Now, that’s what I call a conservative area.
STORY III — HOW DO I GET TO THE AIRPORT?
This one is really hard to believe. But it just happened less than an hour ago. In fact, were it not for this ridiculous story, I probably wouldn’t be writing today’s post.
A taxi is called to take me from the Courtyard Marriott in Bossier City to the Shreveport Airport.
Twenty minutes later, a mini-van pulls up.
Oddly enough, the driver doesn’t even bother to get out, even though I have a fair amount of cargo. He just sits there and pops the rear door and leaves to me alone hunker my own 50-pound bags into the back. Okay — whatever.
I get in and the driver asks where I’m going.
“To the airport,” I say.
“Which one,” he asks.
“Which one? The one with the planes — hell I don’t know.”
“We have two airports,” he insists.
“I think it’s called the Shreveport Airport,” say. “It’s like 7 or 8 miles from here. I think.”
“Is that the one next to the interstate?’ the taxi driver asks.
What is this? A joke? Now I’ve got to give a taxi driver directions to the airport?
“I really don’t know,” I respond “I don’t live here. Which airport has all the major airlines.?”
“I think that’s Shreveport,” he responds.
“Well, I feel like gambling today. It’s a fifty-fifty shot. Let’s take our chances on Shreveport!”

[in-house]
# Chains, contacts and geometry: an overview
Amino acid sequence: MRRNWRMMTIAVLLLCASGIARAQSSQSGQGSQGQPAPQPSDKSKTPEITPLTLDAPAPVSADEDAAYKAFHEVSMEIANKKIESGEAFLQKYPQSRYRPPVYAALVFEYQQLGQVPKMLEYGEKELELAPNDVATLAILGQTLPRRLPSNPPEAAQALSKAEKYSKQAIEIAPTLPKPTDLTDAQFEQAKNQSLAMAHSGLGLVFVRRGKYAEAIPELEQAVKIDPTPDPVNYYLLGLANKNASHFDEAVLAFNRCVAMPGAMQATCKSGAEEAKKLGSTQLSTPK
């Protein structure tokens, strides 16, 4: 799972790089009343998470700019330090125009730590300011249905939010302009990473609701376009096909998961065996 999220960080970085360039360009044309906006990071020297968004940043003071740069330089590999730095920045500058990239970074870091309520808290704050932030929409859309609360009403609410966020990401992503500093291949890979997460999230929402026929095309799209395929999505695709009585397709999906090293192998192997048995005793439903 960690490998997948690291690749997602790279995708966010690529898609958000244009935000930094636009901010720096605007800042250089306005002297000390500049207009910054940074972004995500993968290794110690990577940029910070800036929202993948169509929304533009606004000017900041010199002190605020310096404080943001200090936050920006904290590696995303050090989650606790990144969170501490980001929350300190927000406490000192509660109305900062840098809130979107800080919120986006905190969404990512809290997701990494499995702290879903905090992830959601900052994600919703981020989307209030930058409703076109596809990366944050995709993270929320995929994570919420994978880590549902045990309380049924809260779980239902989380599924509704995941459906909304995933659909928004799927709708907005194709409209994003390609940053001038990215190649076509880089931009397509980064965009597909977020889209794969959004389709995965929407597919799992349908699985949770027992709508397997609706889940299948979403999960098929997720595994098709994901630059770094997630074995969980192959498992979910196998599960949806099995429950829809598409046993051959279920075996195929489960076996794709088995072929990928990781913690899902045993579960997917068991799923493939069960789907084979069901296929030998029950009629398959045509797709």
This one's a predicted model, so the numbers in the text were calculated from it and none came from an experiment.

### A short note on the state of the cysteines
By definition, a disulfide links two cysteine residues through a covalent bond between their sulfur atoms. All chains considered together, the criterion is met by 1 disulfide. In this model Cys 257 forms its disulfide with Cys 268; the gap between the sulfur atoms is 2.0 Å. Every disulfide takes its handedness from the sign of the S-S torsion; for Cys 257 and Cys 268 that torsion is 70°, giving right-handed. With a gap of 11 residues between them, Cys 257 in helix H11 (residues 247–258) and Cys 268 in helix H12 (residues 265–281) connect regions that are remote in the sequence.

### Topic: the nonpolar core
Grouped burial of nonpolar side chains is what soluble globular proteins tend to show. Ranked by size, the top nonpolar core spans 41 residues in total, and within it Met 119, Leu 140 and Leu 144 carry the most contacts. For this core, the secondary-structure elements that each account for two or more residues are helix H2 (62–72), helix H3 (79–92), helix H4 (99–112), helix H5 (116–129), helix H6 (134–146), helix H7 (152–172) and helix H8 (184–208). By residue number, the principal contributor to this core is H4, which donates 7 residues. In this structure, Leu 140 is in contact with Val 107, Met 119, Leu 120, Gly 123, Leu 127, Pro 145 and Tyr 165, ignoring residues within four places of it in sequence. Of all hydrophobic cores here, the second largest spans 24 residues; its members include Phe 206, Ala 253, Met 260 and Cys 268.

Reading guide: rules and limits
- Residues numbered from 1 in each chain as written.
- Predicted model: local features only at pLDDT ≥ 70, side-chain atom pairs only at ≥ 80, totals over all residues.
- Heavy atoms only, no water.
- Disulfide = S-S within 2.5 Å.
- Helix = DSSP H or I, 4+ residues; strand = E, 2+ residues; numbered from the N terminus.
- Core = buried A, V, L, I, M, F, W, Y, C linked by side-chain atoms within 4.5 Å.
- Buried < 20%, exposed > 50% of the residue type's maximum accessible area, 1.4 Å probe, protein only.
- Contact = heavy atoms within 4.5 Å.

“Yeah, that’s probably it,” the driver says. “Let me ask you — is it big?”
“What, do you mean the airport?”
“Yeah — is the airport the big one?”
At this point, I’m staring out the window speechless. I mean “big” as in what? Hey, it’s not Heathrow! We’re in Bossier City, Louisiana for crissakes!
“I guess. They have American and Delta and United.” Note: I’m tempted to explain the airport is the place that has all the giant buses with wings, but I don’t think this man has much of sense of humor.
“Yeah, that would be Shreveport,” the taxi drive bruskly informs. “Next time you’re here, just tell the driver you need to go to the Shreveport Airport.”
I’m sitting here in shock. NOTE TO SELF — NOLAN, IF YOU’RE EVER IN BOSSIER CITY, LOUISIANA AGAIN AND YOU NEED TO CATCH A FLIGHT, INSTRUCT DRIVER THE DESTINATION IS THE “SHREVEPORT AIRPORT.”
Consider this a public service announcement.
Which now brings this series of stories full circle? Where’s the guy who looks like Paul Orensteen who picked me up at 3:30 am? Next time, can I get him to take me to the airport?